by Paul Sonderegger
Agile BI is in afog. Despite excellent work on the topic by the best in the BI business, likeJill Dyche at Baseline Consulting and Boris Evelson at Forrester, most BI professionals are unsure what Agile BI is all about. In fact, some question whether agility and BI go in the same sentence.
This is a shame. Companies need greater agility in thishot, flat, crowded world. And better information for daily decision-making is a critical piece of the puzzle.
One of the main critiques businesspeople make about BI is that it’s too rigid. They say in surveys (we didone in conjunction with Forrester last year) that more than half of their BI requests require a custom report, and they wait far too long to get it. Business users – not analysts, but brand managers, sales directors, engineers, and inside sales reps – want to ask their own questions. And when the answers inspire more questions, they want to ask those. And they don’t care where the data is or how hard it is to bring together. Facebook connects everything for me, they figure. Why can’t my company?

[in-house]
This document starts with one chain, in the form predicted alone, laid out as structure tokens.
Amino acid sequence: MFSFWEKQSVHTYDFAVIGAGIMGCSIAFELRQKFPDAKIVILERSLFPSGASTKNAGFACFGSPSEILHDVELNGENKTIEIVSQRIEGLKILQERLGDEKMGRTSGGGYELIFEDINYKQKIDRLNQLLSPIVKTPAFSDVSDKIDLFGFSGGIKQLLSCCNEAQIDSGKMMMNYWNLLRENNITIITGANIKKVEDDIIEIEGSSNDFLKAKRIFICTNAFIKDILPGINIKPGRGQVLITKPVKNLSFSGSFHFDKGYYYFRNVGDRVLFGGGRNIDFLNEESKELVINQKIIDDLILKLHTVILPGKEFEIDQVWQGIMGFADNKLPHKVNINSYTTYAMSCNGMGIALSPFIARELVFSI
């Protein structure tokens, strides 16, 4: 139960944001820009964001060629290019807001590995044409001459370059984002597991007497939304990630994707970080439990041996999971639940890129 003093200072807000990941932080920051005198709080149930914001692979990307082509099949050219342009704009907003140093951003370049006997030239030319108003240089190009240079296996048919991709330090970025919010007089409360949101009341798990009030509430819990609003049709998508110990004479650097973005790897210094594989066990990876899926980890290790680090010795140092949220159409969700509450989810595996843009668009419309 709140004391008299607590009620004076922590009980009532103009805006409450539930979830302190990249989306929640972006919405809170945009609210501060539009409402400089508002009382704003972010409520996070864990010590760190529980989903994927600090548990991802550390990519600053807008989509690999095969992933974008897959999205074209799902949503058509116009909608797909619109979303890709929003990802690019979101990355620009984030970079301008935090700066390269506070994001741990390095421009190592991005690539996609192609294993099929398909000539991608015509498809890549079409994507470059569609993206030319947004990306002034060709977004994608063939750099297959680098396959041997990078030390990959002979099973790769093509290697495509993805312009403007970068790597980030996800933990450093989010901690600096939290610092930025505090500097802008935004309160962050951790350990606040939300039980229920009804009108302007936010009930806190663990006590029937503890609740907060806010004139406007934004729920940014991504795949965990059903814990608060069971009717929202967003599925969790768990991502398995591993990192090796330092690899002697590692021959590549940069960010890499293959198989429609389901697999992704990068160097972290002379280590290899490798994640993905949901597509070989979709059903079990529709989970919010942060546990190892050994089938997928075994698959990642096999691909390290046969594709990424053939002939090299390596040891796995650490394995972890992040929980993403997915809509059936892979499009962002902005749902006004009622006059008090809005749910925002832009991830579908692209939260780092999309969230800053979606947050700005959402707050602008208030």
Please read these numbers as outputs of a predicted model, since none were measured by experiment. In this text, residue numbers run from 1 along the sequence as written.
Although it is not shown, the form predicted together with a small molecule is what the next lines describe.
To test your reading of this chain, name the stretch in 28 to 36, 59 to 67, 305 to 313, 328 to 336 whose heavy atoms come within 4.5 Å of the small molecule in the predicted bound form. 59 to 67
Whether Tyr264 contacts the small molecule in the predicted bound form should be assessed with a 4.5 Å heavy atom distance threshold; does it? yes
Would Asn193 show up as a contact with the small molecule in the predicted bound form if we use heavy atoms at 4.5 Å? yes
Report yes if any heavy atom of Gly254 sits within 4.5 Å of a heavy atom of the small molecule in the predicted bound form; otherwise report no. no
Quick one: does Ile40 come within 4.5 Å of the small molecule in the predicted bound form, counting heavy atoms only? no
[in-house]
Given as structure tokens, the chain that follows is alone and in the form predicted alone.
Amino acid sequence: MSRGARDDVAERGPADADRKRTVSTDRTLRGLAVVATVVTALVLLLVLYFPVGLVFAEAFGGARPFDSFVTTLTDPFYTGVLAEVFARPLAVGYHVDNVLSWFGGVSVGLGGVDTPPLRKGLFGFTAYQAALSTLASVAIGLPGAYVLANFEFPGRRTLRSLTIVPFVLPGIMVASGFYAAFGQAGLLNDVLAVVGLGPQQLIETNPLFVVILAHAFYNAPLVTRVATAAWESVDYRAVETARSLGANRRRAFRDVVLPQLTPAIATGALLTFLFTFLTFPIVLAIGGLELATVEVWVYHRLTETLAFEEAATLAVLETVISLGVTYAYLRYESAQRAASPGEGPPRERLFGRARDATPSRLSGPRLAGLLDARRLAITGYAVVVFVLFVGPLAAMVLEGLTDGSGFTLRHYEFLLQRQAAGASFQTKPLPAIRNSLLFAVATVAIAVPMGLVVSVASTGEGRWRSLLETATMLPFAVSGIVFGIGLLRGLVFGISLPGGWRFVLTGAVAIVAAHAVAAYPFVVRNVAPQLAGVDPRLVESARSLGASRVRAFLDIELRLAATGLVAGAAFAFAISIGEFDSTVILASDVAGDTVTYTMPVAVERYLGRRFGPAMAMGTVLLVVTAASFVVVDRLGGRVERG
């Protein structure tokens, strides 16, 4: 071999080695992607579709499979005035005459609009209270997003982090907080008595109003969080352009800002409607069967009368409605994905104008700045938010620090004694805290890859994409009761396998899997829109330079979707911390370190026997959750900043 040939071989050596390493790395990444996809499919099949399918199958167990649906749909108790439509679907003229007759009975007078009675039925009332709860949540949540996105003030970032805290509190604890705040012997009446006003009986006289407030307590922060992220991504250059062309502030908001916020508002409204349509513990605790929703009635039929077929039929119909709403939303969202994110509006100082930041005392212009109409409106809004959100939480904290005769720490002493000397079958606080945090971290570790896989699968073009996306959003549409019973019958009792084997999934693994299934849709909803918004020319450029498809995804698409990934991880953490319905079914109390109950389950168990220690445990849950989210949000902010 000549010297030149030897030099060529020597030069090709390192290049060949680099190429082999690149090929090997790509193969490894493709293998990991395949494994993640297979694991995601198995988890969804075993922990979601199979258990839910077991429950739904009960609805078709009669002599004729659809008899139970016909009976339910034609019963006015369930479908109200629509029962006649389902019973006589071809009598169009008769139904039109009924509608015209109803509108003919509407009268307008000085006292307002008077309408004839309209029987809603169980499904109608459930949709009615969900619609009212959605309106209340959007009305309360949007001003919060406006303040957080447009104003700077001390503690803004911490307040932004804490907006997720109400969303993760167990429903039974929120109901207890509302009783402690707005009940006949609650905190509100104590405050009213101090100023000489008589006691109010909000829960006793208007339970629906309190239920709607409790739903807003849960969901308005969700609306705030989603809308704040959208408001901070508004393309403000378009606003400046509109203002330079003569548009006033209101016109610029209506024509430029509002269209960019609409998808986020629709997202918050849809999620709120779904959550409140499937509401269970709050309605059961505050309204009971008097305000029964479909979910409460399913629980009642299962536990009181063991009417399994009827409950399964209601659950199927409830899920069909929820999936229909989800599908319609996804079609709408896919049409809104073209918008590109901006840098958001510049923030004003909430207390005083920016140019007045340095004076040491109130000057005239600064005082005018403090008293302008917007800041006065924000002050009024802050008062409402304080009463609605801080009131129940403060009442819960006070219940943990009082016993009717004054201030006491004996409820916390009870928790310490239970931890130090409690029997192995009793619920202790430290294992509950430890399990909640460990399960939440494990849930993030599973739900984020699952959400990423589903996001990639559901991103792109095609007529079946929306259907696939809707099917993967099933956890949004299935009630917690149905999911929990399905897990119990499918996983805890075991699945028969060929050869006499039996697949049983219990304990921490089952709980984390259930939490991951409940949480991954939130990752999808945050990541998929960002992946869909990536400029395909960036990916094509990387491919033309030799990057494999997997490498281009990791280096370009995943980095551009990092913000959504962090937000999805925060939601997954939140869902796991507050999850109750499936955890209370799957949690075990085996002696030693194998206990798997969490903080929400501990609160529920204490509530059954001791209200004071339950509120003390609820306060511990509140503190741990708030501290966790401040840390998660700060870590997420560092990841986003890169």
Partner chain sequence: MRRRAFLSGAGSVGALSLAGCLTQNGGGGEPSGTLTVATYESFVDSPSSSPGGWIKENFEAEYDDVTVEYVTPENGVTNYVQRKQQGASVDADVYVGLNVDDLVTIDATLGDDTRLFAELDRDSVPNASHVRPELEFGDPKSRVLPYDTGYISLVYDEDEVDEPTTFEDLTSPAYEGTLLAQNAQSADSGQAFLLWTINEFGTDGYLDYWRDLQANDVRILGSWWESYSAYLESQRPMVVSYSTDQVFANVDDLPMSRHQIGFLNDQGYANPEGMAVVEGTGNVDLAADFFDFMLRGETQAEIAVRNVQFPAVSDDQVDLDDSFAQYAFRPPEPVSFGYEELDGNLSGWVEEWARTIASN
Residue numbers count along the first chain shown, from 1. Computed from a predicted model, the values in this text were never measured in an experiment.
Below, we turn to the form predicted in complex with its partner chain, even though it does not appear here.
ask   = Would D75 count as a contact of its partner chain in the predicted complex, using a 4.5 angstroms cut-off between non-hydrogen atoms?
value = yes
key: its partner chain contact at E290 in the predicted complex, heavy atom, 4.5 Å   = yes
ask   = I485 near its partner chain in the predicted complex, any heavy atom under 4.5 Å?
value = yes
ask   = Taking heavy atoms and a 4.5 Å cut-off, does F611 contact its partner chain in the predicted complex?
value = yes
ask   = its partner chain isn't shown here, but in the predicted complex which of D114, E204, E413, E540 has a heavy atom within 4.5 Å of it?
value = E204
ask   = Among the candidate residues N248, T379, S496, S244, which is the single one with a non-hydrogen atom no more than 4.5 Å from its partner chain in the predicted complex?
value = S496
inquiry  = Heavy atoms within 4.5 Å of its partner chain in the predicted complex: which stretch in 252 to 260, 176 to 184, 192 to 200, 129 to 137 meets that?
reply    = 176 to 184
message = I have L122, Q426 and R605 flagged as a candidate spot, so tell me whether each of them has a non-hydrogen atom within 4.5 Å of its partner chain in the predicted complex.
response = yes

To escape the early fog settling on Agile BI we need to rise to a higher vantage point. Whenever a potentially promising idea languishes, it’s good to take a step back and ask the basic questions. What problem does it solve? Who has that problem? What happens if you solve it?
The basic problem business intelligence faces is More:
- Notes from the Field: BI Outside the Warehouse (digitalassetmanagement.org.uk)
- Business Intelligence, Processes Converge to Drive Next-Generation Business Decision-Making (prweb.com)
- Self-service BI, SaaS, analytics will dominate in 2011 (digitalassetmanagement.org.uk)